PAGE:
The word “authentic” gets thrown around a lot nowadays. It’s used alongside other taglines like “just be yourself,” and “nobody can be you except for you.” What I find deeply troubling about this trend is “authentic” often gets attached to what appears to be going on rather than what actually is going on.
Last week I had the opportunity of seeing Gabor Mate in a workshop called Compassionate Inquiry. Mate is a well-known addictions expert, speaker and author from Vancouver. The majority of attendees were social workers, psychologists and people directly interacting with those struggling with addiction. So why was I there?
The ability to connect with what is true for the people around me is something I am curious about. Each of us is truly in our own universe and what I think I see clearly may not be part of someone else’s perception at all. Learning new skills to support my curiosity is important to me. Watching Mate facilitate a deeper way of listening was helpful to me as a journalist because I’m constantly interacting with a wide variety of humans who are shaped by experiences I know nothing about.
One of the key strategies Mate kept coming back to was encouraging participants to continually check back in with themselves and their physical state. When our nervous systems are in the fight or flight state, we are unable to communicate effectively or listen at all. Many of us have learned how to adapt to survive life rather than be fully switched on to what is real in our experience.
What is real can be deeply painful and we are wonderfully creative in the myriad of ways we try to repress what is honest for us. Many of us have been rewarded for being dishonest or not telling the truth so it becomes easy for us to continue in a lie.
For example, if as a child you got in trouble for saying you didn’t want to hug a certain family member, you may have internalized that message as a belief you don’t have a right to your own physical space in order to belong. Because you were dependant on the people around you for food and shelter, you may not have felt safe asserting your need because that might mean you no longer get the basic essentials for survival as a human.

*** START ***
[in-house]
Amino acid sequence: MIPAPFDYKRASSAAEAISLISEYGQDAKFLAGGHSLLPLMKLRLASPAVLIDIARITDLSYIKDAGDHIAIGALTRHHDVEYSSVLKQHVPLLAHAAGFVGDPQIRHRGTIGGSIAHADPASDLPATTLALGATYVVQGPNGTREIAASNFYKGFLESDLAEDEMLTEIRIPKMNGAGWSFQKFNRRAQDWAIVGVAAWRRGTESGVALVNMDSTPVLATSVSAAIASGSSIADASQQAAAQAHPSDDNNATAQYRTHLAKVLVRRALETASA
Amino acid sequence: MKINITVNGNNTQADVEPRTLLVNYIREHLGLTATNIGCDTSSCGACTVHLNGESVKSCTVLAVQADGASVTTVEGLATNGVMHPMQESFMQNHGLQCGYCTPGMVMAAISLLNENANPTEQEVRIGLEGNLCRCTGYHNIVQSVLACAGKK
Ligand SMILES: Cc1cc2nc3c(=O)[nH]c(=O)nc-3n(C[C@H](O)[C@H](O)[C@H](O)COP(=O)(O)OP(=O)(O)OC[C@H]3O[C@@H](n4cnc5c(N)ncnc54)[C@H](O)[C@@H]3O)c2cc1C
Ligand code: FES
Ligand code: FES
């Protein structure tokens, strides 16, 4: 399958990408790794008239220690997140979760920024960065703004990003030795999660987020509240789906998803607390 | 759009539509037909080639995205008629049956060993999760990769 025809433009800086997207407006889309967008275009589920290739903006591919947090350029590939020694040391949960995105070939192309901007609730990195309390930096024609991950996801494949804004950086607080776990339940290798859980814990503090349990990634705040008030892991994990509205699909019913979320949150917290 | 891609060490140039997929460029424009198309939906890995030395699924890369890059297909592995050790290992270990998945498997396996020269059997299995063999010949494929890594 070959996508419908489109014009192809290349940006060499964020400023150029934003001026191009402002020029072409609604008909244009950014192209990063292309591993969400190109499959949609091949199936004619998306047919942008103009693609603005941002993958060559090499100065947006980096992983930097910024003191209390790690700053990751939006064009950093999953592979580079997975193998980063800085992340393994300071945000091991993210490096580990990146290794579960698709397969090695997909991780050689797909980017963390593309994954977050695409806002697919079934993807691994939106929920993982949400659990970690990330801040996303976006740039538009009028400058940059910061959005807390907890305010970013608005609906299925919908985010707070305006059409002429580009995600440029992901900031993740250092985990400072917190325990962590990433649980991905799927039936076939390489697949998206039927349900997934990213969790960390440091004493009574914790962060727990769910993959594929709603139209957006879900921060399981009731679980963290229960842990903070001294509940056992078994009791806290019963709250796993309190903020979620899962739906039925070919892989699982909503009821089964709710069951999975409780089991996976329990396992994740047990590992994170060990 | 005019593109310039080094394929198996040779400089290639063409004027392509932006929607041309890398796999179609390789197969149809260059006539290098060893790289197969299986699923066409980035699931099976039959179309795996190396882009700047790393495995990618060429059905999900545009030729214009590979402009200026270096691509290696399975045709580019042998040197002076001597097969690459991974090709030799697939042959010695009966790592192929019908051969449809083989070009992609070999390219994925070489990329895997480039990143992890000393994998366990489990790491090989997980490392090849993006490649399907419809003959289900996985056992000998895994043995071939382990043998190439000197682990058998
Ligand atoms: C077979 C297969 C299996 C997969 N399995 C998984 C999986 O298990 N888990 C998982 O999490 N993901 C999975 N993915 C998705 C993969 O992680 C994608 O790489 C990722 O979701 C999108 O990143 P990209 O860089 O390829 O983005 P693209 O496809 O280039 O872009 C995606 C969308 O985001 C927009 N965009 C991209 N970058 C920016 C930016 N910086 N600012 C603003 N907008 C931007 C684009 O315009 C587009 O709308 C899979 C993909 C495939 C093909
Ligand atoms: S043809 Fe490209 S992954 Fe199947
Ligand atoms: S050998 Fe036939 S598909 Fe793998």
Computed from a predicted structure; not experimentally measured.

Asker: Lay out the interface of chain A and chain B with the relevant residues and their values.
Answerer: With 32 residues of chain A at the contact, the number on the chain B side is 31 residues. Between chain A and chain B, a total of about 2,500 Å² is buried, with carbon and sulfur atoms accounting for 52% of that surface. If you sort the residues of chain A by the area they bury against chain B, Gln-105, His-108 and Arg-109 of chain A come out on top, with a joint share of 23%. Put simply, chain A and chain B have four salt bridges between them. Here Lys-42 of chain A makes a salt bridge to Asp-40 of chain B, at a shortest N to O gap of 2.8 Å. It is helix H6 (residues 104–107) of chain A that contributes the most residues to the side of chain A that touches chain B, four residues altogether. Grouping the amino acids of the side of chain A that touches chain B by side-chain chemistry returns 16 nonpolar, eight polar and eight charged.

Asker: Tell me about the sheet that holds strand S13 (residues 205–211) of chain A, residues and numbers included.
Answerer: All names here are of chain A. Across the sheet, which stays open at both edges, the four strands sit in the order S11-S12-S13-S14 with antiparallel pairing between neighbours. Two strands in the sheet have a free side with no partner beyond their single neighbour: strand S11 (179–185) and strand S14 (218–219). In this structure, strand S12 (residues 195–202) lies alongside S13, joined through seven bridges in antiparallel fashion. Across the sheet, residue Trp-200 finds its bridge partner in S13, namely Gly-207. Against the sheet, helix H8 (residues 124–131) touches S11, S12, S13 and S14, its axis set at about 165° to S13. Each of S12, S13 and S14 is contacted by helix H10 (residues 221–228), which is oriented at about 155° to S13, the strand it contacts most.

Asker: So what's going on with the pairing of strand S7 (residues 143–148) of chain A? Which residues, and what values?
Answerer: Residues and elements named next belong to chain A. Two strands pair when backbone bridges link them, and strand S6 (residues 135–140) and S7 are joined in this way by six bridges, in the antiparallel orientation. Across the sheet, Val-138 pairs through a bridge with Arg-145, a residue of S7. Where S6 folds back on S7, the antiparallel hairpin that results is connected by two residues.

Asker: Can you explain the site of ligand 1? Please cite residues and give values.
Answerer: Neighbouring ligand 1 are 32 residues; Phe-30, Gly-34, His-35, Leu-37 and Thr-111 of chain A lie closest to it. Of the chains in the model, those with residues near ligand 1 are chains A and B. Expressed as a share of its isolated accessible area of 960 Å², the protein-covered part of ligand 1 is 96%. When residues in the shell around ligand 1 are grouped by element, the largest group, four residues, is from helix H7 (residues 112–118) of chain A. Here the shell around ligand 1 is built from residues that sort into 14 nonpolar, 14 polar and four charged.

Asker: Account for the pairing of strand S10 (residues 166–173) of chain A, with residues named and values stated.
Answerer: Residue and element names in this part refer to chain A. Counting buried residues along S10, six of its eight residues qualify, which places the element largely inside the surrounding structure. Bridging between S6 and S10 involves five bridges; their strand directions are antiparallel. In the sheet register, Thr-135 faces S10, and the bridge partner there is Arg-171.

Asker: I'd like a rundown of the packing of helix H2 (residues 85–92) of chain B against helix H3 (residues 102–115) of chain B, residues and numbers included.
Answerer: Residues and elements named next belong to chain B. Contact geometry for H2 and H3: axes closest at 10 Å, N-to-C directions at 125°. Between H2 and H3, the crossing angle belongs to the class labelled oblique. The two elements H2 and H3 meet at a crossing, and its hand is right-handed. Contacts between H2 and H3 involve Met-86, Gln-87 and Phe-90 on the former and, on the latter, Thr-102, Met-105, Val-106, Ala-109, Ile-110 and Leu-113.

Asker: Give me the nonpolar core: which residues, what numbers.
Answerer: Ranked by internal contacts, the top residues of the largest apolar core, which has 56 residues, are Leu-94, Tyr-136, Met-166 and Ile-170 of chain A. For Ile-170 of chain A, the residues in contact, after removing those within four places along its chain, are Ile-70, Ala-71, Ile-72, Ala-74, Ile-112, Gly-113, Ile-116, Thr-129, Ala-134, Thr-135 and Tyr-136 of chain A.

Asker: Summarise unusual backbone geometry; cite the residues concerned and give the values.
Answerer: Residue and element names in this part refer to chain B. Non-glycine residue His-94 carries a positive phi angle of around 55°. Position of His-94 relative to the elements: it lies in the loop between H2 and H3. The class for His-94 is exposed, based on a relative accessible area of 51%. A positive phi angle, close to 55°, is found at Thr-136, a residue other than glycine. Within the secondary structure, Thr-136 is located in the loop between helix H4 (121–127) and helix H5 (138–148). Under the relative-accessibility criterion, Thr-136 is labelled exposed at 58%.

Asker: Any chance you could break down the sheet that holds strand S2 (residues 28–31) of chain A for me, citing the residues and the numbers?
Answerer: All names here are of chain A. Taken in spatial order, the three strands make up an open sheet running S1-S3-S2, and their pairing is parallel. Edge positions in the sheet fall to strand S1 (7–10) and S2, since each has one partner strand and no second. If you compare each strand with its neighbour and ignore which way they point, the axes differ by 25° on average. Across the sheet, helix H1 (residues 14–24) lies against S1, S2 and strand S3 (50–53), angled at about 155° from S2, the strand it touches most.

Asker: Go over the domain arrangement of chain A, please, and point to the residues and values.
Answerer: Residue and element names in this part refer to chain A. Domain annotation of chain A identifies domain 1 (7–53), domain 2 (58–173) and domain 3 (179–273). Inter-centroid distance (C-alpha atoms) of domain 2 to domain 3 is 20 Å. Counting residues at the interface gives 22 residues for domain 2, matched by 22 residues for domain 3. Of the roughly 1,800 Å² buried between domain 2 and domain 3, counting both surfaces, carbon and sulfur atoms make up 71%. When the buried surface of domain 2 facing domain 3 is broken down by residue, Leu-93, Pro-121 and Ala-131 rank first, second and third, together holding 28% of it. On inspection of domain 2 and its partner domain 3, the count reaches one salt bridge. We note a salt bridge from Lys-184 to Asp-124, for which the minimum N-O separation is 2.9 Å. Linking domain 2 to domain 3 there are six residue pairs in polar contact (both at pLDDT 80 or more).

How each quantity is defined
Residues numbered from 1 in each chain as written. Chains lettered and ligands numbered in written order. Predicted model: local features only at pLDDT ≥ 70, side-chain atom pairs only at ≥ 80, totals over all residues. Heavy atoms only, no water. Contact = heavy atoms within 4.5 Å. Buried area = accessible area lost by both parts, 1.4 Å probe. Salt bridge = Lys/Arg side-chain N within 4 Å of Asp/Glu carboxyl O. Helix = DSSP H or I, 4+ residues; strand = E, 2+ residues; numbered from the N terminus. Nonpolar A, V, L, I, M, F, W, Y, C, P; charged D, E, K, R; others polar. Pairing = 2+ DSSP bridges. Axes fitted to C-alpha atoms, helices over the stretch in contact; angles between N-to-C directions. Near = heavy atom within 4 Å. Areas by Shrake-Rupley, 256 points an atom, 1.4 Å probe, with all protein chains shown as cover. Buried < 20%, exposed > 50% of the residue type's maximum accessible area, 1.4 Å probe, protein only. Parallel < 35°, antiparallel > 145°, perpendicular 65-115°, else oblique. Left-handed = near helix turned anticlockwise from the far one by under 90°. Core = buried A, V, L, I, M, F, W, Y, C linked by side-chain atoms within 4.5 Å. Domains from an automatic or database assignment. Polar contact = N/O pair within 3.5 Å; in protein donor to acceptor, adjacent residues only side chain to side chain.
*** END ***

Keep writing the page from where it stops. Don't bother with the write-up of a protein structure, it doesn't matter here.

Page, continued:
Beliefs such as this provide a powerful protective state to the child in the moment and morph into a brilliant array of coping mechanisms in adulthood, keeping many of us locked in the idea we cannot tell the truth about how we feel or what we need. There’s nothing wrong in this scenario. It simply speaks to our incredible creative capacity to adapt to whatever life throws at us.
Another one of my favourite humans is Brené Brown, a research professor at the University of Houston who studies courage, vulnerability, empathy, and shame. In a recent interview with Forbes writer, Dan Schawbel she talks about what it means to belong based on the data she’s gathered:
“True belonging is not passive. It’s not the belonging that comes with just joining a group. It’s not fitting in or pretending or selling out because it’s safer. It’s a practice that requires us to be vulnerable, get uncomfortable, and learn how to be present with people without sacrificing who we are.
“If we are going to change what is happening in a meaningful way we’re going to need to intentionally be with people who are different from us. We’re going to have to sign up and join, and take a seat at the table. We’re going to have to learn how to listen, have hard conversations, look for joy, share pain, and be more curious than defensive, all while seeking moments of togetherness.”
Being authentic in my life requires me to consistently check back in with myself to see what’s happening in my body. I take the time to breathe deeply. I take a moment to step away momentarily from situations that activate my fight or flight response.
These are all simple things but without them, I’m not able to connect with anyone in any meaningful or authentic way. In this commitment to myself I free up my ability to show up in my community in a way that is honest and am also able to create an environment for others where they are free to show up in truly authentic ways.